Two images that show women at work in two different settings: at home in an urban tenement and in a factory in the rural South. The images also point to the challenges of working motherhood.
Pregnant woman and young girl working in a mill.
Lewis Wickes Hine, Globe Cotton Mill, Augusta, Ga. Woman was “with child.” According to reports, these women work until the day of childbirth. Location: Augusta, Georgia, 1909. Library of Congress Prints & Photographs Division, Washington, D.C.
Photo at 9 P.M. Home of Patrick McGurl (mechanic), 136 Exchange Street, Worcester, Mass. Working on hose supporters. All work, 6-year-old, 8-year-old, 11-year-old, 12-year-old, and mother. Altogether earn about $3 a week. Work noons, after school and every night. A 9-year-old boy (not in photo) carries work back and forth. Heavy loads. Location: Worcester, Massachusetts. Lewis Hine, 1912. Library of Congress Prints & Photographs Division, Washington, D.C.
The vast majority of women at this time contributed to the family economy through housework. However, the number of women working for wages was steadily increasing. By 1910, one in four women over the age of 14 was paid for her work. A single income could not support most American families. Women in low-income households had to contribute financially. Age, race, ethnicity, class, geography, economic circumstances, and family situation all had an impact on the options available. Women tended to rely on friends and family for references. Such networks were particularly important to newly arrived immigrants and migrants. While a select few might secure skilled jobs, most working women had unskilled jobs in a factory or at home.
Some women—particularly married immigrants—made money doing piece-work. Piece-work involved small, handmade work that could be done at home and dropped off at a factory. This might include sewing small garments, making paper flowers, or rolling cigars. Because a woman was paid for each completed piece, she often recruited her children to help. Women who took in piece-work were almost always still responsible for the management of the household.
Women working in factories faced long hours and dangerous working conditions. Employers required women to work quickly, often without breaks. The work was repetitive, and wages were based on the amount of work produced in a day. Each worker completed one step in the process, and men received more complex tasks. While most female factory workers were young and single, there were married and older workers. A 1911 report on the state of Southern cotton mills noted that almost 29 percent of female cotton mill workers were married. It is likely that married workers still had to manage cooking, cleaning, and children after a long day of work.
Industrial work in the home and in the factory was considered a valued position that was almost exclusively open to white and European immigrant women. Black women and non-European immigrants were excluded from most industrial work. Many of them found paid work in the domestic sector, working as maids, cooks, or laundresses.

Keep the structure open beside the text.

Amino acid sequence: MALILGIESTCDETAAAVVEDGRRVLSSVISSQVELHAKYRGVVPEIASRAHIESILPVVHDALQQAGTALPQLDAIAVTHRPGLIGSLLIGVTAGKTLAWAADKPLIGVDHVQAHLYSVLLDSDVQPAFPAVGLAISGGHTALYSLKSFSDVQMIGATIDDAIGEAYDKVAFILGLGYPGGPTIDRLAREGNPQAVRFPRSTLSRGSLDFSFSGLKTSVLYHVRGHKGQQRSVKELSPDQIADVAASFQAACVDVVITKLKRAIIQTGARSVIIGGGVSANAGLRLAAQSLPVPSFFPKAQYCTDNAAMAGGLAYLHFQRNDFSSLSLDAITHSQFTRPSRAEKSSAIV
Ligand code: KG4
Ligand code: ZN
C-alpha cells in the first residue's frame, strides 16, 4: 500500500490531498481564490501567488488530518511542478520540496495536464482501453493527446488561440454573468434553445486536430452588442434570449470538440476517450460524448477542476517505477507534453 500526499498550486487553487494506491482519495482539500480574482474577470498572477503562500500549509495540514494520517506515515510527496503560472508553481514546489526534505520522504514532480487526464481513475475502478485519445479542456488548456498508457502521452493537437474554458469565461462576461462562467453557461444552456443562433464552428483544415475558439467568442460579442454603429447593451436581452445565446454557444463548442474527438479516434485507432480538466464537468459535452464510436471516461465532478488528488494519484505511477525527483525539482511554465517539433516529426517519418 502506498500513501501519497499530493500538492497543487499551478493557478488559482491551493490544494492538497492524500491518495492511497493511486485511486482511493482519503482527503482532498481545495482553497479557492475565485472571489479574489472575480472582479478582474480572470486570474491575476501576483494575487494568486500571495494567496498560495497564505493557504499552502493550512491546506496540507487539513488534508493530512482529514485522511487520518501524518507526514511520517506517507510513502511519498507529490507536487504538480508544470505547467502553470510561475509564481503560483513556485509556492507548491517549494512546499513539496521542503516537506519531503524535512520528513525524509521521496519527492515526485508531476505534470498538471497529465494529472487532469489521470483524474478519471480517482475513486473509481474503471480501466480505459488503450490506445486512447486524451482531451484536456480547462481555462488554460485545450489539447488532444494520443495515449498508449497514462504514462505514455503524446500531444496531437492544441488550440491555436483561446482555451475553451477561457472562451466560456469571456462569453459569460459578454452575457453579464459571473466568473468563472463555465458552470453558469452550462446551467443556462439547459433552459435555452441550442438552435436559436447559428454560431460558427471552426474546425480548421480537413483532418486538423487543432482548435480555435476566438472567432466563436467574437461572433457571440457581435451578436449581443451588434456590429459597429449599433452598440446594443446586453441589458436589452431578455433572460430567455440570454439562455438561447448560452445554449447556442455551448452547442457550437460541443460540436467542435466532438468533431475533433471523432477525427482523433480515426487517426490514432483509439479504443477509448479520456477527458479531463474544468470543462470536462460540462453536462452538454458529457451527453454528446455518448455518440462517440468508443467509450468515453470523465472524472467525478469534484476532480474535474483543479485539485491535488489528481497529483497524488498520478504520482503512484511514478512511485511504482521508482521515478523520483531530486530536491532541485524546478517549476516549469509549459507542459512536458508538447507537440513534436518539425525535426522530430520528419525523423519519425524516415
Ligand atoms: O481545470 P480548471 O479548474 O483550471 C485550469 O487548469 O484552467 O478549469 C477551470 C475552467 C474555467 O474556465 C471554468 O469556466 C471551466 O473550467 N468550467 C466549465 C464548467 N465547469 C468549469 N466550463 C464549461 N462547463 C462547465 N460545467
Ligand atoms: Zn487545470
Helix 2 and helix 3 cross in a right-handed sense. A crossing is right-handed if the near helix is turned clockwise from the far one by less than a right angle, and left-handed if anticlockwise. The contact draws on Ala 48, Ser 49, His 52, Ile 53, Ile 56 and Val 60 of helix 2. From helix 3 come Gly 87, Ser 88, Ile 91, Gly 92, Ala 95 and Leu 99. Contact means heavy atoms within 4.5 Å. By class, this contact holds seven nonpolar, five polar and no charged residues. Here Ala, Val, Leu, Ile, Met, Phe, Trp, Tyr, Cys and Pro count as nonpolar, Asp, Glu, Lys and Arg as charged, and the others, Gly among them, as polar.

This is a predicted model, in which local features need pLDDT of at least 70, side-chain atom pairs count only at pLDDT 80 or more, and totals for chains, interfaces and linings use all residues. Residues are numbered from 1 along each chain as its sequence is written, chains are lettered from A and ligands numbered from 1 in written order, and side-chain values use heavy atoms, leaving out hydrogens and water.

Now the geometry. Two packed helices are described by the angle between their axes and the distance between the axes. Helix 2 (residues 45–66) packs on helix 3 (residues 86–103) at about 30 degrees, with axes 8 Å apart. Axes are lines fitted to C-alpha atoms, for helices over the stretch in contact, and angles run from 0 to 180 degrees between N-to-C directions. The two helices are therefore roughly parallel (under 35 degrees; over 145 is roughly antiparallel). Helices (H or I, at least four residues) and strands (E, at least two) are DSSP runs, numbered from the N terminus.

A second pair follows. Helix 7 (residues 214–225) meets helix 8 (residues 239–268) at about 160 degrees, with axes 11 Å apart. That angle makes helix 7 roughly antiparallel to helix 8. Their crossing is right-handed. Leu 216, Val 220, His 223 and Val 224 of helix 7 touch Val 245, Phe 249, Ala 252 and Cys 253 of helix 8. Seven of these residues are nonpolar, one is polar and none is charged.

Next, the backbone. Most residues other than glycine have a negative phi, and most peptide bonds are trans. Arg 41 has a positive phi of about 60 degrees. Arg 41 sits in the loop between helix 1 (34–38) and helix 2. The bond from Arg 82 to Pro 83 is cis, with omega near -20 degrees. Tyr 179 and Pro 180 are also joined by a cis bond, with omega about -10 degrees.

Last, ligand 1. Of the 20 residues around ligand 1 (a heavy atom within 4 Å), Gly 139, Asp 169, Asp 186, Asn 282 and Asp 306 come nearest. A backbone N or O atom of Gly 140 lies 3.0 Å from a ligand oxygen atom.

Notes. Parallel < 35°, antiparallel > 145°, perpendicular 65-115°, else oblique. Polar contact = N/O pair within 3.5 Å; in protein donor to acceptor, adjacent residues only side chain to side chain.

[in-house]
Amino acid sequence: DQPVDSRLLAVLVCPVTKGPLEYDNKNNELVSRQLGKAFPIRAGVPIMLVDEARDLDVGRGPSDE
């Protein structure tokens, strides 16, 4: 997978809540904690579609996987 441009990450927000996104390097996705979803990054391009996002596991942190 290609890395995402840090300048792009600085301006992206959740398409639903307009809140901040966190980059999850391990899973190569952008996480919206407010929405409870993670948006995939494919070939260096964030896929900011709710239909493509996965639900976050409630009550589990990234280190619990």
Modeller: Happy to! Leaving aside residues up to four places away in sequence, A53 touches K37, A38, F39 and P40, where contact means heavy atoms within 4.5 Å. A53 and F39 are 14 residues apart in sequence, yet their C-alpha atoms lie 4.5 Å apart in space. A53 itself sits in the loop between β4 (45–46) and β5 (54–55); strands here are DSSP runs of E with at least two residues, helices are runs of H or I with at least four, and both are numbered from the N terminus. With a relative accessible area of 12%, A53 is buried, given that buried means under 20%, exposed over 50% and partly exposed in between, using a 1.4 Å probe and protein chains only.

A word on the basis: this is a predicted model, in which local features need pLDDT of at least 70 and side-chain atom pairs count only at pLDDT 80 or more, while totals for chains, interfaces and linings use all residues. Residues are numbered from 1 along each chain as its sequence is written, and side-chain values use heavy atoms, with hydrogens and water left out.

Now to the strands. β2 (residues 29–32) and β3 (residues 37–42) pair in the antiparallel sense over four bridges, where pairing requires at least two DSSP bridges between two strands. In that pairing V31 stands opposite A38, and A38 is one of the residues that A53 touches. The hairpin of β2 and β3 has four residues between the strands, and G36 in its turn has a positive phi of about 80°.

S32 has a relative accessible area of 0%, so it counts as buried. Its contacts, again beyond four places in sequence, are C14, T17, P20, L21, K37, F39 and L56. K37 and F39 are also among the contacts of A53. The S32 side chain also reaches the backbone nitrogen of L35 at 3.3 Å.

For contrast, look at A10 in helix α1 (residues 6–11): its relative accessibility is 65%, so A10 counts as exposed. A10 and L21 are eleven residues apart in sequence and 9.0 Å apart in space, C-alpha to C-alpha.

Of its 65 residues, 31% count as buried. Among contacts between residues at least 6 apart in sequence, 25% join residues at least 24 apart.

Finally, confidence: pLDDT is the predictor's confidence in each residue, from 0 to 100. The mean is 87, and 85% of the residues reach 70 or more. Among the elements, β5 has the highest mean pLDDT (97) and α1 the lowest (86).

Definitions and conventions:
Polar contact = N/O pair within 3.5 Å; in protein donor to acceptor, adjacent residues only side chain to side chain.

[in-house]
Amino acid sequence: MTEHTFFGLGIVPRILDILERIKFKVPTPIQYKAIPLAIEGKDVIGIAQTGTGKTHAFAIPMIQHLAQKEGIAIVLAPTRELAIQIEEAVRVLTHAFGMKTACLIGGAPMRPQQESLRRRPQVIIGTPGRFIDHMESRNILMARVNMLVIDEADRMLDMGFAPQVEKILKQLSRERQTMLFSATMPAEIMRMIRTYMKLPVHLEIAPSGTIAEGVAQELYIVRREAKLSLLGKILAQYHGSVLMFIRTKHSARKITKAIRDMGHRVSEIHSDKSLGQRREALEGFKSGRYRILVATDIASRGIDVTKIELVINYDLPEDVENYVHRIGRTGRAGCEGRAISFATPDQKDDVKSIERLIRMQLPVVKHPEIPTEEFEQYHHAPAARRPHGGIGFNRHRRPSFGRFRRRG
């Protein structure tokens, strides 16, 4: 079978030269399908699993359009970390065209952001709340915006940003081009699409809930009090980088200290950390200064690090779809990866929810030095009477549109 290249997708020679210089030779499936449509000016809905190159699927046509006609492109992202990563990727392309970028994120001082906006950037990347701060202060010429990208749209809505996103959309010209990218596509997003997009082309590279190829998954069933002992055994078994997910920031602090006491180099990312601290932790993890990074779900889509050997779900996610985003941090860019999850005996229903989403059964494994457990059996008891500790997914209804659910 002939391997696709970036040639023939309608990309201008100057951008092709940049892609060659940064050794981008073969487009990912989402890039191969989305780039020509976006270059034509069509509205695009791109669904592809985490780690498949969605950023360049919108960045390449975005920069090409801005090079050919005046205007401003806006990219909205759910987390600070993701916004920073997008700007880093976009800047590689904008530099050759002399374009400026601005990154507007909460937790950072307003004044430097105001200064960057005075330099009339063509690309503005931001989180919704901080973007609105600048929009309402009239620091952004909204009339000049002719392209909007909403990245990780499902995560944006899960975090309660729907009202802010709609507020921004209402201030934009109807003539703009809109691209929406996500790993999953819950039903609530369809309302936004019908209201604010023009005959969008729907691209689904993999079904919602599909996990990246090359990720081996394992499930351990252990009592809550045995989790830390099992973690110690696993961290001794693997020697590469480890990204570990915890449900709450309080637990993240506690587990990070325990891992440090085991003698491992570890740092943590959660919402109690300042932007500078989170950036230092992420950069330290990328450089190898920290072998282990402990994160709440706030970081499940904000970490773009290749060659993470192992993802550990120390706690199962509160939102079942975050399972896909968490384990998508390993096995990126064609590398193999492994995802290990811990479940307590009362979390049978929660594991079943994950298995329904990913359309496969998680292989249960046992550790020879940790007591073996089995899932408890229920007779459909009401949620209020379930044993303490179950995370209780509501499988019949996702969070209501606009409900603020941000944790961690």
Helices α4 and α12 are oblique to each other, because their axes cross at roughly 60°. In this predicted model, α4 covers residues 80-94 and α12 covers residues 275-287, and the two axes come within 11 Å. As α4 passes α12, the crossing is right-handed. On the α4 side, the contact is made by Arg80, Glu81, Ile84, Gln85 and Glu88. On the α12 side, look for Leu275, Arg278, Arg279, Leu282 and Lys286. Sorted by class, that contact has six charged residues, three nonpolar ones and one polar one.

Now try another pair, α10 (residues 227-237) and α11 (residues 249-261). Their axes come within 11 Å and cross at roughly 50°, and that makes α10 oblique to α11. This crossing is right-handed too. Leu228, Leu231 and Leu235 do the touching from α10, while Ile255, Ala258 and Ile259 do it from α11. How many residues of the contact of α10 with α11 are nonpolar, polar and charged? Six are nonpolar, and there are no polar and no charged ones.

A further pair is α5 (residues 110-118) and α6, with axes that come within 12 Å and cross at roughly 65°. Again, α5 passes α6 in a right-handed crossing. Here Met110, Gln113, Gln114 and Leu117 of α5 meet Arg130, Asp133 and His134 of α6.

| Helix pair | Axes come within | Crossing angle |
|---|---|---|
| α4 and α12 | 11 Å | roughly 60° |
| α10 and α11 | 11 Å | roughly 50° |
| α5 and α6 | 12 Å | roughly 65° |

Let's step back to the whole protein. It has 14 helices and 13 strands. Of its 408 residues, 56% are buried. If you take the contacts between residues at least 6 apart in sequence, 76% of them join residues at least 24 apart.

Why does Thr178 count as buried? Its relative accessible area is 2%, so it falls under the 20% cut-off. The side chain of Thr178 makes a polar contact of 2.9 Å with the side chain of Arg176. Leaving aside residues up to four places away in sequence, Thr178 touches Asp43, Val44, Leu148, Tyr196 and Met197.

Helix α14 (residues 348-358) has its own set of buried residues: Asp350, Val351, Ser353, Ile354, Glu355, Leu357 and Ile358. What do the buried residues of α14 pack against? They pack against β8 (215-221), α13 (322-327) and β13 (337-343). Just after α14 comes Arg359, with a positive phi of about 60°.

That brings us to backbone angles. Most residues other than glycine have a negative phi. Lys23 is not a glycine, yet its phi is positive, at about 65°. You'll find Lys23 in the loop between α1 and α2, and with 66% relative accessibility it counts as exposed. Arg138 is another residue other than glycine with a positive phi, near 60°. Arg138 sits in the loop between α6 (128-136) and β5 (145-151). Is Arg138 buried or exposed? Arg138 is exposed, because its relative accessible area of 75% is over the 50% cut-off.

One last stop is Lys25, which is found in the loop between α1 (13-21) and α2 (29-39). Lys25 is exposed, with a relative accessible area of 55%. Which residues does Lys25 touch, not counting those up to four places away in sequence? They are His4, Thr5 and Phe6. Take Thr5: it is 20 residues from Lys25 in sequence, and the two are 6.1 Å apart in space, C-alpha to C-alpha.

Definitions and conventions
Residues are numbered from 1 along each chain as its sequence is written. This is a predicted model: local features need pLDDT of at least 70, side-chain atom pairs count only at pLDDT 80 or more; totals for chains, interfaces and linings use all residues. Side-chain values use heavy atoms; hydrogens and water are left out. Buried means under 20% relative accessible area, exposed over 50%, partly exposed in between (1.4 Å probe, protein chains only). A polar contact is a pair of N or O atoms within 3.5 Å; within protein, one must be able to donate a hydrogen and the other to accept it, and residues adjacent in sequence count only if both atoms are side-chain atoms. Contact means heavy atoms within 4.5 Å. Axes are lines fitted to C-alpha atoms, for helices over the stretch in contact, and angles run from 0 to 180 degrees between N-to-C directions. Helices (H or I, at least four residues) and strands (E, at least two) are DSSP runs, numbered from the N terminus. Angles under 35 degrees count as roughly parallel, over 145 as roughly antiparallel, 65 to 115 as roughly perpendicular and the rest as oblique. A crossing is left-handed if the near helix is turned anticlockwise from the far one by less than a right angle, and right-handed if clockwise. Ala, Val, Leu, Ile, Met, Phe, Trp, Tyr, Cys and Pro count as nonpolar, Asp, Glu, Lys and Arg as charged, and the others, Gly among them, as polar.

About the Image
This pair of images presents two different forms of waged work in the early twentieth century. In the first image, a woman and young girl are at work in the Globe Cotton Mill in Augusta, Georgia. Lewis Hine, the photographer, notes that the woman is “with child,” or pregnant. In the second image, a woman is completing piecework at her home with her children. The family is making hose supporters, which were used to keep men’s socks and women’s stockings—or hose—from slipping down to the ankles.
Lewis Hine was a Wisconsin-born documentary photographer who lived in New York City and took thousands of pictures of immigrants and workers. Between 1907 and 1918, he worked for the National Child Labor Committee and traveled across the country photographing children at work. Although his primary focus was children, many of his images also captured women.
documentary photographer: A photographer who takes pictures of what he or she observes in the world.
domestic work: Paid work done in someone’s home, including cooking, cleaning, and taking care of children.
hose supporters: An article of clothing that kept stockings and socks from falling down before the invention of elastic.
National Child Labor Committee: A non-profit organization founded in 1904 that promoted fair treatment of children in the work place and sought to abolish the employment of children in certain industries.
piece-work: Small, handmade work that could be done at home and dropped off at a factory.
What are the key differences between these two types of work environments? What are the similarities?
Many married women took in piecework so that they could be at home and still contribute to the family’s income. What challenges might these women have faced doing their work at home instead of in a factory?
Both images also depict children—mainly young girls—at work. What do you think this work would have been like for them?
Many women fought to improve the types of working conditions depicted in these images. Read the life story of Clara Lemlich Shavelson to learn how garment workers in New York City fought for better work conditions.
Connect Lewis Hine’s work to that of muckraker Elizabeth Cochrane (aka Nellie Bly), who used journalism to shed light on the challenges of life in modern industrial America.
Raising a family and working for wages was a balancing act many women faced. Examine these two images and then analyze Margaret Sanger’s clinic poster, which argues in favor of women controlling reproduction.
WORK, LABOR, AND ECONOMY; DOMESTICITY AND FAMILY; ACTIVISM AND SOCIAL CHANGE
New-York Historical Society Curriculum Library Connections
For more resources relating to women and modern life in the early twentieth century, see The Armory Show at 100.